The EU yesterday published its draft guidelines for a future trade agreement with the UK. The document reads like a public declaration that the EU will drown the UK in order to save itself. Whilst the focus since has been on how the UK would like it’s cake and to eat it too, it would seem however, that the EU would like it’s fish and to eat it too.

The draft agreement includes a section on “work towards a free trade agreement”. It notes that “such an agreement cannot offer the same benefits as membership and cannot amount to participation in the singe market”. However, it goes on to say that a free trade agreement should address “trade in goods, with the aim of covering all sectors which should be subject to zero tariffs and no quantitative restrictions”, adding that “in this context, existing reciprocal access to fishing waters and resources should be maintained”.

In other words, the UK would like to continue to access the UK’s water for its own fishing purposes. Pot, have you met the kettle?

The Common Fisheries Policy (CFP) is the agreement which sets the quotas for how much, and what type, of fish each EU nation is allowed to catch. But according to the UK, there are two major issues with the policy. Firstly, it allows all EU trawlers to travel into the UK common waters and fish and secondly it dictates how many of what type of fish may be caught. The result has been that the UK has not been able to control what types of trawlers enter its waters and local fisheries are losing their competitive edge.

For example, UK fishermen – from Newlyn in Cornwall to Aberdeenshire – complain bitterly that they are allowed to catch less than 40% of the fish in UK coastal waters. Compared to Iceland, which is not in the EU or subject to the CFP and whose fishing boats land about 95% of the fish in their water. Norwegian fishermen also manage to keep more than 80% of the fish in their waters.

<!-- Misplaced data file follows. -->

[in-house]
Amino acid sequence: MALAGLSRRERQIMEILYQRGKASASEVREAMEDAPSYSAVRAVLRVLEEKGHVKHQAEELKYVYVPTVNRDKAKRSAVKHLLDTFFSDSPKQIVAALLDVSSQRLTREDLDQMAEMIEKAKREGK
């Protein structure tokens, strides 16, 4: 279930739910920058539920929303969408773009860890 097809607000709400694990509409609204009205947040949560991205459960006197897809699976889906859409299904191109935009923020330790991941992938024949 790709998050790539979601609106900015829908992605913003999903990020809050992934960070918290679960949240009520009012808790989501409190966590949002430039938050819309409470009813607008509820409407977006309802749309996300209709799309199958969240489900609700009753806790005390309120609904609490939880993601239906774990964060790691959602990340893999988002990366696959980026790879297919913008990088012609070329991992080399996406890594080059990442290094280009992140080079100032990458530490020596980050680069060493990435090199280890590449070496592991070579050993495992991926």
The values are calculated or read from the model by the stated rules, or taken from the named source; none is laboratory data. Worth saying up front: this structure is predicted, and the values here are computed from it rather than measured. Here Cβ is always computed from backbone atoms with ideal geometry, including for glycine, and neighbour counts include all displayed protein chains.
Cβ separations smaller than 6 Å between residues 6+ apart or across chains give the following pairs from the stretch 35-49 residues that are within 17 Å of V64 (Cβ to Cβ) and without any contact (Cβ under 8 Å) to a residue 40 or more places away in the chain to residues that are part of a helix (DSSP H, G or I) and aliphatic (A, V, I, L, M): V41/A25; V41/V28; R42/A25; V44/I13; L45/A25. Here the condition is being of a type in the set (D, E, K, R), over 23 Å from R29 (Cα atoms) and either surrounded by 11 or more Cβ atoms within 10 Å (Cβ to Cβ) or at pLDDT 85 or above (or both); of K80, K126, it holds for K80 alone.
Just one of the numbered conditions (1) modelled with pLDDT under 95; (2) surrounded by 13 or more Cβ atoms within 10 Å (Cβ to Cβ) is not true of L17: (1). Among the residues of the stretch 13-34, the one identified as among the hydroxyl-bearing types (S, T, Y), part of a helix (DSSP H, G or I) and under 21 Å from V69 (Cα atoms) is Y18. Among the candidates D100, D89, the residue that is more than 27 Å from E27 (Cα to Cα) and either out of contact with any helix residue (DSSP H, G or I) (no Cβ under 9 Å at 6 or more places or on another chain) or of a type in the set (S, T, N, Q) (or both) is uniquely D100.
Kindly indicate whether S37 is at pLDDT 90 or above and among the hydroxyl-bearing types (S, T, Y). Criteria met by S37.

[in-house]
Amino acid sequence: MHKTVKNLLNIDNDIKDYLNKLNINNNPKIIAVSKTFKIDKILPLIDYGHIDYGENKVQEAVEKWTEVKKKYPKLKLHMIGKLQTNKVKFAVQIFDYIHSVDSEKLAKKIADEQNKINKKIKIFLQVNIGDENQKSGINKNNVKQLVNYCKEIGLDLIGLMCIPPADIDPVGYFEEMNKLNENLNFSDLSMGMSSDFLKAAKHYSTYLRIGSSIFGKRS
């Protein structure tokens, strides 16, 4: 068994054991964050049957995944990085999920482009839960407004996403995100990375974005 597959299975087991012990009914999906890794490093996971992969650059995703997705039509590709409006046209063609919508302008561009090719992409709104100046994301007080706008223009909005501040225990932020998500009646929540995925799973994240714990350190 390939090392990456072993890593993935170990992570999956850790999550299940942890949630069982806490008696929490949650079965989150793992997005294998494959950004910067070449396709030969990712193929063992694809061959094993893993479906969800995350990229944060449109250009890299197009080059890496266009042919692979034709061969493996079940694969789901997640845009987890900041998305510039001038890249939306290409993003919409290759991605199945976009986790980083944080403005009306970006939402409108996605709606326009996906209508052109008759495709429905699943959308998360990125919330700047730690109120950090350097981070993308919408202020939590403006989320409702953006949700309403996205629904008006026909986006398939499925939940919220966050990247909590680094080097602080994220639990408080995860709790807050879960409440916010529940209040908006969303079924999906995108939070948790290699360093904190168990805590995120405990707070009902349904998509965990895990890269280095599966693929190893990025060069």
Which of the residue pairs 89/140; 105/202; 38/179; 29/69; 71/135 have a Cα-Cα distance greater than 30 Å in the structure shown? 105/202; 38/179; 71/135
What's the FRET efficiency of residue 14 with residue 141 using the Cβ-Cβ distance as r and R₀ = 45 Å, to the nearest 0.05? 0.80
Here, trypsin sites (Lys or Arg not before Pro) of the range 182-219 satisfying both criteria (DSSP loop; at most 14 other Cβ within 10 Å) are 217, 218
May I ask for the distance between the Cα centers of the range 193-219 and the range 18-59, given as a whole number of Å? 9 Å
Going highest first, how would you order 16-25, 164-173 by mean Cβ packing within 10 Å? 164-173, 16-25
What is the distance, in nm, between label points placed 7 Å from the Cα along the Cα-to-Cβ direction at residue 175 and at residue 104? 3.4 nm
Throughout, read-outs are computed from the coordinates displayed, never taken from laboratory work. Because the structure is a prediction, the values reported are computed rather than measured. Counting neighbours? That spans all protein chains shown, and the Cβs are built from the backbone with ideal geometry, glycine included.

Although the fishing industry only contributes less than 1% to the British GDP, it is a politically contested issue and was a serious concern in the 2016 Brexit Referendum. The EU acknowledges this and is using this as yet another wedge for Theresa May’s Government in an effort to maintain its own survival.

Simon Collins from the Shetland Fishermen’s Association called the EU proposal “completely unacceptable”.

He said: “As an opening gambit goes, the EU’s stance is arrogant, absurd and nonsensical. The UK will become an independent coastal state on 29 March 2019, and we insist that it exercises its rights and responsibilities as such immediately.

“No coastal state currently offers the EU guarantees of access to its waters and natural resources, and neither should we.”

Bertie Armstrong, chief executive of the Scottish Fishermen’s Federation, said existing reciprocal access should not be continued.

He said: “This latest gambit must be rejected. When we leave the EU we leave the Common Fisheries Policy and assume our rightful place at the table as a coastal state.

“Each year we will then decide who catches what, where and when. The days of the EU taking 60% of our fish are coming to an end. The sea of opportunity is within reach.”

The campaign group Fishing to Leave have also ridiculed the EU’s plan and have said that the EU is placing “a gun to Mrs. May’s head.”


But the plot thickens as people begin to question the sinister motives of the EU. This aggressive behaviour is forcing many to question whether the EU is trying to force the British Prime Minister into allowing access to fisheries in order to secure a deal on financial services. The EU is trying to take advantage of any political weakness it can possibly smell to come out on top of these negotiations. This can only make people ask whether the EU is genuinely interested in people, or are they only interested in their overall political goal.